MULTIPLE endocrine adenomatosis (MEA) is a multisystem familial disorder involving hypersecretion of polypeptide hormones by adenomatous or hyperplastic tissues. In well-documented cases, uniform involvement of the parathyroid glands, pituitary gland, and pancreas has been found in type I disease.1 Pancreatic involvement may be signaled by the presence of elevated levels of pancreatic polypeptide (PP) in the serum of both symptomatic and asymptomatic individuals.2 We describe a patient in whom MEA developed in the ninth decade with hypoglycemia and in whom PP levels were greatly elevated. A further unusual finding was the presence of generalized islet hyperplasia.
Report of a Case
An 81-year-old woman was well until the onset of unsteadiness of gait one month before admission, when nausea, vomiting, and dizziness appeared. Nystagmus and truncal ataxia were noted on examination, and a diagnosis of probable brainstem infarct was made. The patient was admitted to the hospital for convalescence,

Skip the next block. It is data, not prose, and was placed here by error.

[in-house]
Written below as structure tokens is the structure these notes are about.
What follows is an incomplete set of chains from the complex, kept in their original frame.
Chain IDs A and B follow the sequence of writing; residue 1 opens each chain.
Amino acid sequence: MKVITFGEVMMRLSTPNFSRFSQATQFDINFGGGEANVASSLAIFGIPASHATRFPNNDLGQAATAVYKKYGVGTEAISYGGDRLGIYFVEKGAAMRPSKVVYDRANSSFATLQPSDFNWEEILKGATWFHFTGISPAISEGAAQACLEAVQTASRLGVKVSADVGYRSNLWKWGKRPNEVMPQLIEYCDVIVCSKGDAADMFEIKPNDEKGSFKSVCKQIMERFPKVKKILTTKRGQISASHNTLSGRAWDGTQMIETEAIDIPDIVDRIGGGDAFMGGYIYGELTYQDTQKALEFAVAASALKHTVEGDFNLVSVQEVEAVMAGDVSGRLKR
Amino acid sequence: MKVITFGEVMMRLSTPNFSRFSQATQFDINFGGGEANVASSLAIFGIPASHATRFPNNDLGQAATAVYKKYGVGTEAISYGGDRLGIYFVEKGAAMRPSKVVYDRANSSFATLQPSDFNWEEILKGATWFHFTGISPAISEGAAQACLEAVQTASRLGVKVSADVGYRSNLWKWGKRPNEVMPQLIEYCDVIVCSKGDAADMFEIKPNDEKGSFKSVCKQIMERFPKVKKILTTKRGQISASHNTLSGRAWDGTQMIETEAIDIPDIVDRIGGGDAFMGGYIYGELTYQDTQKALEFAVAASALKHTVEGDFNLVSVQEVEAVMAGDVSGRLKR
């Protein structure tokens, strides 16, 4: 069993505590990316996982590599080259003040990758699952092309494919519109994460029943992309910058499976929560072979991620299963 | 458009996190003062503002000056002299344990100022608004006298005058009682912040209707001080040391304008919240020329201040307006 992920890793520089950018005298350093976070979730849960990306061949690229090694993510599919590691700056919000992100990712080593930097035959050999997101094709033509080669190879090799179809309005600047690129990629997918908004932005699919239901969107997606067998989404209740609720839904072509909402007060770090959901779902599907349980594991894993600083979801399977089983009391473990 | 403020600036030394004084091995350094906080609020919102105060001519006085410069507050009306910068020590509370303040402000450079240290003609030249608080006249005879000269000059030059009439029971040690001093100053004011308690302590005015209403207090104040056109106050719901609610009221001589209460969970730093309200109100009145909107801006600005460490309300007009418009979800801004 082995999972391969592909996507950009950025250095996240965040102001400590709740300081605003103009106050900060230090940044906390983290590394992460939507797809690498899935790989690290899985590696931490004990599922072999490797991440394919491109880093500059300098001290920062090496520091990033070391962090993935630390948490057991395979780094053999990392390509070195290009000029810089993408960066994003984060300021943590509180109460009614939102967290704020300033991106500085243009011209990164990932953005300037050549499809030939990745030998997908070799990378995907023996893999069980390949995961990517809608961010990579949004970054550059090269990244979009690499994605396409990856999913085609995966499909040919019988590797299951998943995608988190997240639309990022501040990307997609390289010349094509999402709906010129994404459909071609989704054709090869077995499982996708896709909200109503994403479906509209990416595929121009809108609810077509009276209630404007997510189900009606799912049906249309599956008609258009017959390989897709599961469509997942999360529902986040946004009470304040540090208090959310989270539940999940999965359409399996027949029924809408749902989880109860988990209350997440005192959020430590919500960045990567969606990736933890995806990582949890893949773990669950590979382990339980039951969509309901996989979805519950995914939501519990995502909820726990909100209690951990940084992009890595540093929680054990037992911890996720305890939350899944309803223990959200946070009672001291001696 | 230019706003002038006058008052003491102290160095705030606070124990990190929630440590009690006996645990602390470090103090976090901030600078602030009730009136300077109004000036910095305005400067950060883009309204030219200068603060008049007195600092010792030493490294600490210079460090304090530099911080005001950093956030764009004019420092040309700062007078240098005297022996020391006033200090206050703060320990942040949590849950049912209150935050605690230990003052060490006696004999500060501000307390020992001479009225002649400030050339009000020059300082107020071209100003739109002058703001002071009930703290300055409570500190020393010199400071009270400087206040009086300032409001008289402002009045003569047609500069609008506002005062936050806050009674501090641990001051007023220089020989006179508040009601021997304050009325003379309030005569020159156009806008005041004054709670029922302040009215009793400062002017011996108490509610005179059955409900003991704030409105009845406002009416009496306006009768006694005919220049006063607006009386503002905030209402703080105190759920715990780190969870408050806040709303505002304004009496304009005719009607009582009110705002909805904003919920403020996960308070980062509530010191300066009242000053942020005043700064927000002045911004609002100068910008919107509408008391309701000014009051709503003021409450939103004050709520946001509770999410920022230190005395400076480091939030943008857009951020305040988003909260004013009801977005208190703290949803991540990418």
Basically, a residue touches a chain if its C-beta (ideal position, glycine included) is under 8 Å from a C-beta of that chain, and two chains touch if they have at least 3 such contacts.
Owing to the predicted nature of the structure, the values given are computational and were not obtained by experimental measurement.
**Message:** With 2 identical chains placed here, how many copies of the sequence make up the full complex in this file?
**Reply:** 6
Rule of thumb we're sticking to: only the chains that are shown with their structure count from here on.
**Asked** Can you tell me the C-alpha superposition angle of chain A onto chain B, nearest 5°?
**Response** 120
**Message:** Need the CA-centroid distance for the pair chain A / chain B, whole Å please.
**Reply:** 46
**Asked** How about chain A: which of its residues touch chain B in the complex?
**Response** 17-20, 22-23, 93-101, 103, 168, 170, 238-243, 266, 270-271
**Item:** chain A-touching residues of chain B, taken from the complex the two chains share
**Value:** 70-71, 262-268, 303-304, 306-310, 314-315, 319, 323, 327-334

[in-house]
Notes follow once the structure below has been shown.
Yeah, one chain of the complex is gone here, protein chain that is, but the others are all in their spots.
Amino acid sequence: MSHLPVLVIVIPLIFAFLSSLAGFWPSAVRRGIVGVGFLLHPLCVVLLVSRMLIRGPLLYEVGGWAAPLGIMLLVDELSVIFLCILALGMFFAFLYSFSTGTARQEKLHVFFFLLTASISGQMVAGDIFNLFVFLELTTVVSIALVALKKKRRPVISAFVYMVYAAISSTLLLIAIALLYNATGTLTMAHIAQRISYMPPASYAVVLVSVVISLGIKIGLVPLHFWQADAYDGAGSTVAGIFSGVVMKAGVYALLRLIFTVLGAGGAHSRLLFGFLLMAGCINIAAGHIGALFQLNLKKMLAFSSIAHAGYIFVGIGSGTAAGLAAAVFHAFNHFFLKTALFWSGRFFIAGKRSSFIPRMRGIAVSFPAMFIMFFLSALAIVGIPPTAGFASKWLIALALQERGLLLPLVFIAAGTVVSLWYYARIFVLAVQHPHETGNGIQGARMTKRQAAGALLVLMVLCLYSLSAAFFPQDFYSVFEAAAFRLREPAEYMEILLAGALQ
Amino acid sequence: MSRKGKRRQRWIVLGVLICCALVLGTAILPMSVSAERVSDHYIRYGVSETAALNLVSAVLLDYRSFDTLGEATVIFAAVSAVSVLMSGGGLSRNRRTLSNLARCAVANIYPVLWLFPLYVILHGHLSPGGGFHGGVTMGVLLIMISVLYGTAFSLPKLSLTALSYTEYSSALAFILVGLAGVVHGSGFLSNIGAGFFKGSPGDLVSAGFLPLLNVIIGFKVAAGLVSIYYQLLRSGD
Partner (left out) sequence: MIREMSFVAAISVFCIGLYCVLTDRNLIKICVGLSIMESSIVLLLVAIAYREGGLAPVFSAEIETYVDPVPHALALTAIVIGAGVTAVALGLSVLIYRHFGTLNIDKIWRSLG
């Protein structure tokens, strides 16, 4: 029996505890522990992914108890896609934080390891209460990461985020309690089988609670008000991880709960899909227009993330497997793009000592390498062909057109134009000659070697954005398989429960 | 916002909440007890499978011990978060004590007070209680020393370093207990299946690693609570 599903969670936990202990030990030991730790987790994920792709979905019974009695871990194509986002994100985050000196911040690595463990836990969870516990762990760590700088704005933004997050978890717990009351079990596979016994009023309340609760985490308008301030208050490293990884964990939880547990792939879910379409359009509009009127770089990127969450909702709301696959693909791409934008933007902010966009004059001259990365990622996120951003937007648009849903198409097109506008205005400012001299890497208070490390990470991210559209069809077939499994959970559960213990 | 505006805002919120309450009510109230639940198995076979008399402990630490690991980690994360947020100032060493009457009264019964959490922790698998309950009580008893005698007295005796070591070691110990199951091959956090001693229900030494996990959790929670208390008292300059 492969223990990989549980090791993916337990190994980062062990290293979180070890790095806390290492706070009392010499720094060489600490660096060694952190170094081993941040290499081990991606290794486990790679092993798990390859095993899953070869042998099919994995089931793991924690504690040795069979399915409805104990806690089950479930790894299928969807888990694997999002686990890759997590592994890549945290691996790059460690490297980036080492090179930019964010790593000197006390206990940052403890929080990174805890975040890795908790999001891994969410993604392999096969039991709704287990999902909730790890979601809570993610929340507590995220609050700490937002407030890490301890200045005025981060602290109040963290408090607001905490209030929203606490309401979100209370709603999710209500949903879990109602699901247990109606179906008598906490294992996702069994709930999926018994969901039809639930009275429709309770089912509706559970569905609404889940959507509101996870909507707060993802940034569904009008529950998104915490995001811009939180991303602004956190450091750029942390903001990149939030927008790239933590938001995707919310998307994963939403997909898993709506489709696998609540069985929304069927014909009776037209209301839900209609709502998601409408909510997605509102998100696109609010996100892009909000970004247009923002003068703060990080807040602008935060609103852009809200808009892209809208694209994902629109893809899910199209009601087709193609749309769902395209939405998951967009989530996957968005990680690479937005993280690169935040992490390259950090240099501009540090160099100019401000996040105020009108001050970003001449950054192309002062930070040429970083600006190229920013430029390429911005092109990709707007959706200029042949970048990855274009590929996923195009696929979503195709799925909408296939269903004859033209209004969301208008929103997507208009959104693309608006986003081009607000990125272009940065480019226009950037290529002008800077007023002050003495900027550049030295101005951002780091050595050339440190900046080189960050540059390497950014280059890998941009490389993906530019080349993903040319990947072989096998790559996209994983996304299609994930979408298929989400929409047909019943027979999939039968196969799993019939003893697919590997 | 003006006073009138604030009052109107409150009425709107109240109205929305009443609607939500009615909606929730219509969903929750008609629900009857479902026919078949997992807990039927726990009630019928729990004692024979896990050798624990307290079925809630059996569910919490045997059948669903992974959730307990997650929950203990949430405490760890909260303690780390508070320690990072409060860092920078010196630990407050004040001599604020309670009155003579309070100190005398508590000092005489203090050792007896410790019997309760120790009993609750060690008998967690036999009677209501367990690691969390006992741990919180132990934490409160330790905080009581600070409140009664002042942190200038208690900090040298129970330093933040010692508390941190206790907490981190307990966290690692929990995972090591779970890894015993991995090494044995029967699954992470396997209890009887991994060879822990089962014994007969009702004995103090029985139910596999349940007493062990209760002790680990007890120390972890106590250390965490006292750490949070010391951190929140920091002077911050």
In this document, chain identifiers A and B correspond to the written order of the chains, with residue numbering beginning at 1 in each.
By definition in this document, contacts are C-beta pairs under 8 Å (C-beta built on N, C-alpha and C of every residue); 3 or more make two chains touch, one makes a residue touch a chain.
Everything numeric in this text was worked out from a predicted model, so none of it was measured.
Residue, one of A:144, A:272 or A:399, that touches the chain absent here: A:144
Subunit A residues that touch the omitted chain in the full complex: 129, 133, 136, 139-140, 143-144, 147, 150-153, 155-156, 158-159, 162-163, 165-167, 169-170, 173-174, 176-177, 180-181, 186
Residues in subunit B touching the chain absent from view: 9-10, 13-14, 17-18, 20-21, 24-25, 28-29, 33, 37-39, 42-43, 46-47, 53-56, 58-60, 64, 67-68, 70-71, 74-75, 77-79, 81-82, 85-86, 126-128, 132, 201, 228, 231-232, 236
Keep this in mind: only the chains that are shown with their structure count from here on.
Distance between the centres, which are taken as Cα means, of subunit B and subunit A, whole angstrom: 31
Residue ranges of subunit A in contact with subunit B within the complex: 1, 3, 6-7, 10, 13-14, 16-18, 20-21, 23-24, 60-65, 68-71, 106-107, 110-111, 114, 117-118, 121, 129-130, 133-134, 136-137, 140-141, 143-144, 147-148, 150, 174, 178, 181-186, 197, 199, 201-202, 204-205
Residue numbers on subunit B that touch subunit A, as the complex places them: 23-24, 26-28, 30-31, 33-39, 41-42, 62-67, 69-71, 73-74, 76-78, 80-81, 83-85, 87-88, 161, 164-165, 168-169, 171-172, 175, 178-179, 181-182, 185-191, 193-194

Gelston AL, Delisle M, Patel YC. Multiple Endocrine Adenomatosis Type I: Occurrence in an Octogenarian With High Levels of Circulating Pancreatic Polypeptide. JAMA. 1982;247(5):665–666. doi:10.1001/jama.1982.03320300069029
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